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Fire blight could follow horse flu.

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MEDIA RELEASE FF/38. Monday September 3, 2007

FIRE BLIGHT COULD FOLLOW HORSE FLU Fire blight could be introduced to Australia just as easily as horse flu was, Family First leader Steve Fielding warned today.

The Victorian Senator said the outbreak of horse flu reinforces concerns the Federal Government’s quarantine standards may not be strict enough to prevent an outbreak of fire blight next year when apples are imported from New Zealand, which has been ravaged by the bacterial disease.

Family First has criticised the government’s decision to risk Australia’s $450 million apple and pear industry, and hundreds of thousands of growers’ livelihoods, by allowing potentially infected apples into Australia.

“Unlike horse flu, fire blight is permanent,” Senator Fielding said. “Horse flu has wreaked havoc on the racing industry and the livelihoods of thousands of families. Yet, in time horses will recover and the industry will return to normal.

“But once Australia has fire blight we will never get rid of the disease. It will destroy our apple and pear industry for good.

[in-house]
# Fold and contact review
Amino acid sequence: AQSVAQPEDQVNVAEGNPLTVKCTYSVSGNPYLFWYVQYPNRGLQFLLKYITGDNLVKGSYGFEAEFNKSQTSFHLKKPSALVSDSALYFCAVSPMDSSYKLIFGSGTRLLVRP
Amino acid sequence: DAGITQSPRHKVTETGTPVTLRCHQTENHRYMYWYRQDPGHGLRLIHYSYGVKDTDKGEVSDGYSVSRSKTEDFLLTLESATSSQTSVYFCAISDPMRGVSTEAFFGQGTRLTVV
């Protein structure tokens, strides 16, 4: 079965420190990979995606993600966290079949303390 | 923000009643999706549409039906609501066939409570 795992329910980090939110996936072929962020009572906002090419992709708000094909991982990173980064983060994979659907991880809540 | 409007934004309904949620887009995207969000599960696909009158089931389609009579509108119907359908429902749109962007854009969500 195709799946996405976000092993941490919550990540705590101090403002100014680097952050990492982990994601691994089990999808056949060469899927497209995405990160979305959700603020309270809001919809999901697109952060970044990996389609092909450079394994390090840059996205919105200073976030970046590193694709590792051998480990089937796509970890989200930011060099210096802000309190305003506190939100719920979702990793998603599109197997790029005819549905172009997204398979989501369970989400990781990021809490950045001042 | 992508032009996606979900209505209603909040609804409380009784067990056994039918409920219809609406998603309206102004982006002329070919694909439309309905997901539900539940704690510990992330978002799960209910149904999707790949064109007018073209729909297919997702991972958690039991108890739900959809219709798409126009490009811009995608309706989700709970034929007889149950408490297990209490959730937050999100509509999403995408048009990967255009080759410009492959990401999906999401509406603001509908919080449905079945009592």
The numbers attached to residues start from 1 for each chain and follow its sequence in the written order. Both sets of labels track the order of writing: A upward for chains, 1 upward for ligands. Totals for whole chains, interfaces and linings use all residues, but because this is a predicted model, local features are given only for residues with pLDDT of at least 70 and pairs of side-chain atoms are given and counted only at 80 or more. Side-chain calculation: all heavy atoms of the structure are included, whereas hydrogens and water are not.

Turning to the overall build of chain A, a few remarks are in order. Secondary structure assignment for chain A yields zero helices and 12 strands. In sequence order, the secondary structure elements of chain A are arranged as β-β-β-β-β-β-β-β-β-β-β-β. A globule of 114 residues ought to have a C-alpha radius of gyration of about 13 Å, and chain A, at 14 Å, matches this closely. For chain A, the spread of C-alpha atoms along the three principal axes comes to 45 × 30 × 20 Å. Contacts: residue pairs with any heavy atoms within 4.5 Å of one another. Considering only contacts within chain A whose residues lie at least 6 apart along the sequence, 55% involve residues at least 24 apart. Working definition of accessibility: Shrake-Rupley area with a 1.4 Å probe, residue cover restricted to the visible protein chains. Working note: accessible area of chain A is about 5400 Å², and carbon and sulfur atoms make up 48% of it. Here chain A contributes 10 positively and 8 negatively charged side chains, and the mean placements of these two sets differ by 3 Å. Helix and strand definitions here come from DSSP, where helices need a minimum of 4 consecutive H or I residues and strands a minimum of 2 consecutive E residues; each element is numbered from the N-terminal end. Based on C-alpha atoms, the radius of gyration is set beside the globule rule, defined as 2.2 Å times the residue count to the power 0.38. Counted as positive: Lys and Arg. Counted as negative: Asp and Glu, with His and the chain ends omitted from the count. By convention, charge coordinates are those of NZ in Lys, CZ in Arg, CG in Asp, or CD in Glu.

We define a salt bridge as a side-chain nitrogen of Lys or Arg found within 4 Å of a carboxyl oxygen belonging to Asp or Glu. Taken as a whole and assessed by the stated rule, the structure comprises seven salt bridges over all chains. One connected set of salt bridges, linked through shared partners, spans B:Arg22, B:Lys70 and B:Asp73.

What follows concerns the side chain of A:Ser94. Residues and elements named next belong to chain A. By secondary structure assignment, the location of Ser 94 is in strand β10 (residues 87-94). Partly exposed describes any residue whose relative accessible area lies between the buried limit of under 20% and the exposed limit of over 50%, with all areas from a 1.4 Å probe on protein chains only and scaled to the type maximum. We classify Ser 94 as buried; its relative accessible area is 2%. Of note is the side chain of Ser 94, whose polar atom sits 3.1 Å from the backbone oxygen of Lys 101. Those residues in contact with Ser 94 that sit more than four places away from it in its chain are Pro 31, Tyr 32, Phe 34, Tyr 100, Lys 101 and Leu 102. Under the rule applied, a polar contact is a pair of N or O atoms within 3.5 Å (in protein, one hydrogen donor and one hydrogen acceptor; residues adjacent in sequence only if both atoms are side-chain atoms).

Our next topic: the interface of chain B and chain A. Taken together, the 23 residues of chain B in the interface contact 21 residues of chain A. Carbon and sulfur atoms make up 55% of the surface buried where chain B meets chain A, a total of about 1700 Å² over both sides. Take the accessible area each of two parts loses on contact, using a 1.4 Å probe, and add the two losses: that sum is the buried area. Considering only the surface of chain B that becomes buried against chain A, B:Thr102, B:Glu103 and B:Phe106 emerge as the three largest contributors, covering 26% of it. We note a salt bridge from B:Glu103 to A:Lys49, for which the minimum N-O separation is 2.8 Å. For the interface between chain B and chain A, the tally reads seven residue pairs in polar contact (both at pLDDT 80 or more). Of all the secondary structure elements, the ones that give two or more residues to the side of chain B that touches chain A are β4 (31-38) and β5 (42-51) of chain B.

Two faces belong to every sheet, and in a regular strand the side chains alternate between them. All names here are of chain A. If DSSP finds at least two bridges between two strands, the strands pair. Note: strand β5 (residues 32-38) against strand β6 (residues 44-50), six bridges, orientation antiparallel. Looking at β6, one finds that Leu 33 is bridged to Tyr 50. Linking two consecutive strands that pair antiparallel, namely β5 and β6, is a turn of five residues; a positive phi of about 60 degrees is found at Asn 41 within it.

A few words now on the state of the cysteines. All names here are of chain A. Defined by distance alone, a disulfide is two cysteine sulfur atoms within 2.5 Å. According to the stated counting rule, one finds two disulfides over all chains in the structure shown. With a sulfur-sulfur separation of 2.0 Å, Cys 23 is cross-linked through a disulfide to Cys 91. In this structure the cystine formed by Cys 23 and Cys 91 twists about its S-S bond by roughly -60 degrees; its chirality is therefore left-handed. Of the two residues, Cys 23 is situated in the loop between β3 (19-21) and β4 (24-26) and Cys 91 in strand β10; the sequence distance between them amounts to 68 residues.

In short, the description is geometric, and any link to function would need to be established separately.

“Federal Agriculture Minister Peter McGauran is at a loss to explain how horse flu got through Australia’s controls. Yet he has admitted there is a possibility fire blight could be introduced. It is no wonder the apple and pear industry has lost confidence in the Government’s ability to protect their livelihoods.”

Mystery surrounds the spread of fire blight. Scientists can only confirm how nine out of the 48 countries with fire blight were infected with the disease.

Family First supports Apple and Pear Australia, which wants a tougher inspection regime, and shares growers’ fears that biosecurity controls will not protect them.

“I hope the Federal Government has learned from its mistake with horse flu and will not risk this vital industry worth $450 million to Australia and so much more to farming families,” Senator Fielding said.

For media enquiries phone Regional Media Advisor Heidi McIvor on 0432 454 437